Eavesdropping on Whales

Since ancient seafarers first heard the strange calls of whales, humans have been fascinated by their meaning – from Flipper’s clicks and trills to the long serenades of Humpbacks. Inhabiting the dark ocean depths, whales use sound in many different ways – from feeding to navigating to finding friends and family.

Join postdoctoral scholar Goldie Phillips for a captivating look into how scientists use whale calls to study whale populations.

Watch — Eavesdropping on Whales: How Whale Calls Inform Science

Why School Integration Works

They are some of the most ambitious education programs of the 20th century – school desegregation, school finance reform, and Head Start. Today, many view these initiatives as failures, but professor Rucker C. Johnson of UC Berkeley’s Goldman School of Public Policy disagrees. He and a team of researchers combed through data from over four decades to figure out the true impact of these programs. Their findings are detailed alongside compelling stories of real people in Johnson’s new book, Children of the Dream: Why School Integration Works. Recently, Johnson sat down with Goldman School Dean Henry E. Brady to discuss the book and his research.

Johnson and his colleagues used big data and new techniques to look at the wide-ranging impacts of school desegregation. They tracked everything from high school graduation rates, to employment, wages and health. Thanks to the uneven implementation of desegregation, Johnson was able to compare children who grew up in similar environments, but experienced different levels of desegregation. He found a big part of the positive impact came from how desegregation affected access to class resources, after school programs, quality teachers, and smaller class sizes. And, the longer a student spent in desegregated schools, the greater the impact. In fact, the achievement gap between white and black students closed faster following desegregation than at any other time in American history.

Unfortunately, the United States has moved away from integration. Today, many schools and classrooms are heavily divided along racial lines. Opponents of desegregation appear to have won. But, Johnson says there is still hope. He lays out the case for making integration a priority once again, using data to prove its effectiveness. He also delves into school finance reform and Head Start, showing how sustained investment in education is the surest way to change children’s lives for the better.

Watch The Success of Integrating Schools with Rucker Johnson — In the Living Room with Henry E. Brady

The CRISPR Revolution

Jennifer Doudna is a leader in the CRISPR revolution. This new technology is a gene editing tool that manipulates DNA within organisms. The editing process has a wide variety of applications including correcting genetic defects, treating and preventing the spread of diseases and improving crops.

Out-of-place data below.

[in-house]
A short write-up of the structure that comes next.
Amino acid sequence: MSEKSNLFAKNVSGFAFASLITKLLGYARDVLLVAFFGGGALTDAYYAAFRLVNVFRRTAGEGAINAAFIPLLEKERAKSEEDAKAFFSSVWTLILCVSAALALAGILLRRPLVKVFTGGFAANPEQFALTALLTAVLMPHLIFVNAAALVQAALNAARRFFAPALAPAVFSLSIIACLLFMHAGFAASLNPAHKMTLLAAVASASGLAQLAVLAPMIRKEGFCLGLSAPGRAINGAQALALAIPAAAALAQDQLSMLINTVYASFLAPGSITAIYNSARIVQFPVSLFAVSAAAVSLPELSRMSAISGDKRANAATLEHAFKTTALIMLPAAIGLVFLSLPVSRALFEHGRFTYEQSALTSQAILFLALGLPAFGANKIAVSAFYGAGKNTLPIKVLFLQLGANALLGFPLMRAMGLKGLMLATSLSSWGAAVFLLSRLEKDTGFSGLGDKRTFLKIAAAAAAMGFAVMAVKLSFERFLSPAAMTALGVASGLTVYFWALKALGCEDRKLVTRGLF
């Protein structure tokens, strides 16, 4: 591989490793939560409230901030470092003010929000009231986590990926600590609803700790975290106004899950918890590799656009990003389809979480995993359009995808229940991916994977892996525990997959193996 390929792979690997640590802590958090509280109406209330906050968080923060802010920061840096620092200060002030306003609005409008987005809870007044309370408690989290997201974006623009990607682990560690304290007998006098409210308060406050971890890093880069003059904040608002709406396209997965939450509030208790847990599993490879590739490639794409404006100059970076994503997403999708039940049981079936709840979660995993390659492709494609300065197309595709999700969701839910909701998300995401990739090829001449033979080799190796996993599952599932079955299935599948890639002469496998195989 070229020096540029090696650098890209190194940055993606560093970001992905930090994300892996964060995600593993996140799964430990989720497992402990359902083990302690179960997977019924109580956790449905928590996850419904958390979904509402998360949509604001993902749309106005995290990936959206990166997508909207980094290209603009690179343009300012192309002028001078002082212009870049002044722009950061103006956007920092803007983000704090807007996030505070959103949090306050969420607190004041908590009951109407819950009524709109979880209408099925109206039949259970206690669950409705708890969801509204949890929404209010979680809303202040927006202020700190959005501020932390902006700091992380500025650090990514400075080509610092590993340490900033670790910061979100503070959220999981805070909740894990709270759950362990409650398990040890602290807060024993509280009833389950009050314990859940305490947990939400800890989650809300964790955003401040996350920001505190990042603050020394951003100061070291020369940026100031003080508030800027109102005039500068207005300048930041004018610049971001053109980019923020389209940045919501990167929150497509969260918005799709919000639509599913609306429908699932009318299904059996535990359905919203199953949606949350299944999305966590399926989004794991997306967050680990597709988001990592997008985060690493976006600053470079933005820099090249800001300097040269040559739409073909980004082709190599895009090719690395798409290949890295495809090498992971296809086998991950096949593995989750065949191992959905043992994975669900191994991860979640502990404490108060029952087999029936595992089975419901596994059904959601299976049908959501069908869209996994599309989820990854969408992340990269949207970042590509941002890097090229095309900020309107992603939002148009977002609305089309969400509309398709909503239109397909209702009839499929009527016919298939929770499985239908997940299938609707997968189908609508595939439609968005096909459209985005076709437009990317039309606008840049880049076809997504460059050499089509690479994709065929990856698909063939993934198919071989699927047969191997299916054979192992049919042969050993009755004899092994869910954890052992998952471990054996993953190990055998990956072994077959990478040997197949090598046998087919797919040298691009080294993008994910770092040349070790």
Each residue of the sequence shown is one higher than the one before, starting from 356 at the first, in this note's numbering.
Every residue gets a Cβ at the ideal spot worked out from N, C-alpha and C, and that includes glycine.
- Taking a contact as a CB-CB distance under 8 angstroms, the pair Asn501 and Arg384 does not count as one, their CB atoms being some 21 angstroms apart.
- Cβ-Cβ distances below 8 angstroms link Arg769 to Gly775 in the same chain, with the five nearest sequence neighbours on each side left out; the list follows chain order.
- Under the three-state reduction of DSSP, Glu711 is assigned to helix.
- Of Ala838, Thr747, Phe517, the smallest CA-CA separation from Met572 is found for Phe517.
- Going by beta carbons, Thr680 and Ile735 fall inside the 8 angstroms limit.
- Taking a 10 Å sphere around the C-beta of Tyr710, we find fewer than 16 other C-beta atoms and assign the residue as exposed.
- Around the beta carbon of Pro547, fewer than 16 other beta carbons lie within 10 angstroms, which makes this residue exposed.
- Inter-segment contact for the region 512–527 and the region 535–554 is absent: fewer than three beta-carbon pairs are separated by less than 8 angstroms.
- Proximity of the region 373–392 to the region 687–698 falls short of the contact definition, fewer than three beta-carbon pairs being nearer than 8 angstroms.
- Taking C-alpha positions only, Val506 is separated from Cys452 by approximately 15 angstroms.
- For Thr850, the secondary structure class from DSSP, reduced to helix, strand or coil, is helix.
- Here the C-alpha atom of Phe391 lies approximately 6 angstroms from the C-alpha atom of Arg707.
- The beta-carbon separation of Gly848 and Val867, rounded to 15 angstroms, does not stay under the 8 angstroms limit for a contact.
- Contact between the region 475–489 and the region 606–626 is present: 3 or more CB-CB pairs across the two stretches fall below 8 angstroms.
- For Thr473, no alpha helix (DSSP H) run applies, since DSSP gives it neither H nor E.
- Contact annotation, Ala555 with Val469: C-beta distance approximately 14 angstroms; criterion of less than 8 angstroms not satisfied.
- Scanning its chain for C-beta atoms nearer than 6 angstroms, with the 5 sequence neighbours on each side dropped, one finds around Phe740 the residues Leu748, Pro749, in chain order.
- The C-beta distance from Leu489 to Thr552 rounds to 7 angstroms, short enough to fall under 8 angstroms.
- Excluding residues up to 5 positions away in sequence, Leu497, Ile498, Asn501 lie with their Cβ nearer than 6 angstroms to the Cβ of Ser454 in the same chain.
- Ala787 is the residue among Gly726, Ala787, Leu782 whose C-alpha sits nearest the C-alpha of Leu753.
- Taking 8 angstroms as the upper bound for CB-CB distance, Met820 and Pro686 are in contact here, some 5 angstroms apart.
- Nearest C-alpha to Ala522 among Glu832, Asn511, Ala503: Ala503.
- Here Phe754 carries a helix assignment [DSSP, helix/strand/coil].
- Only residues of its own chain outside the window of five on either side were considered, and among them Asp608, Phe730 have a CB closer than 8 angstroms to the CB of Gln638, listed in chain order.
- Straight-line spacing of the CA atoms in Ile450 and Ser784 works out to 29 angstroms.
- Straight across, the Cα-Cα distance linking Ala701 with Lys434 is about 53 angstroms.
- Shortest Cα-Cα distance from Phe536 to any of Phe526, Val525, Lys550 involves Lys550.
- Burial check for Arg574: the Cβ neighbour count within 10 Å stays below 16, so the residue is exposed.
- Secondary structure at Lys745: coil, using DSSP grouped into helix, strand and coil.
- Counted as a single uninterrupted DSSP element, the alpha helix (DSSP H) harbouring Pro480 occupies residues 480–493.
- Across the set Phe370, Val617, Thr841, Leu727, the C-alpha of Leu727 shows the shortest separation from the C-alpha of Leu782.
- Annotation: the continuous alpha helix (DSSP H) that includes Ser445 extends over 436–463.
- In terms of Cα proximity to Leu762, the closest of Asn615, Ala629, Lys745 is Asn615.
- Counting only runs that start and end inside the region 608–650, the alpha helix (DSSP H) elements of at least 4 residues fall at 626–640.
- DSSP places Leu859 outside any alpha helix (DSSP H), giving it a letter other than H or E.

Doudna, Professor of Biochemistry, Biophysics and Structural Biology at UC Berkeley, sat down to talk with Harry Kreisler about her life and how she came to be involved in this amazing discovery.

They also discuss how education and public advocacy can broaden insight into the ethical and policy dimensions of the biological revolution that is upon us.

Watch Unraveling CRISPR-Cas9 with Jennifer Doudna – Conversations with History

Career Planning for College Students

How can students leverage their college years to find their ideal career path? From connecting with an alumni network to finding the right summer job, your campus career center is here to help. They can take you beyond building a resume to thinking about your personal goals, the art of networking, and building marketable life skills.

Kris Hergert, executive director of the Career Center at UC San Diego, talks about how to work toward your future and translate the world of academic rigor to the world of work.

Watch Career Planning for College Students with Kris Hergert – Job Won

Criminal Justice and the Latinx Community

The criminal justice system’s impact on Latina and Latino people in Southern California and across the nation was the focus of the annual UCLA Law Review symposium at the UCLA School of Law. Featuring leading scholars and practitioners who work to uncover and combat the ways in which bias affects Latinx communities’ interactions with law enforcement, panelists addressed incarceration, policing, community organizing and criminal adjudication, plus related issues involving ethics and capital punishment.

UCLA Law professor emeritus Gerald López delivered the event’s keynote address. He captivated the crowd with reflections on his childhood in East Los Angeles in the 1950s, where he watched the criminal justice system target Latinx people — activity that, he noted, continues to this day.

“It left impressions on me that shape everything I do,” he said while encouraging budding attorneys and activists to continue his lifelong effort to respond to those challenges and “change the world.”

Browse more programs in Latinx Communities, Race, and the Criminal Justice System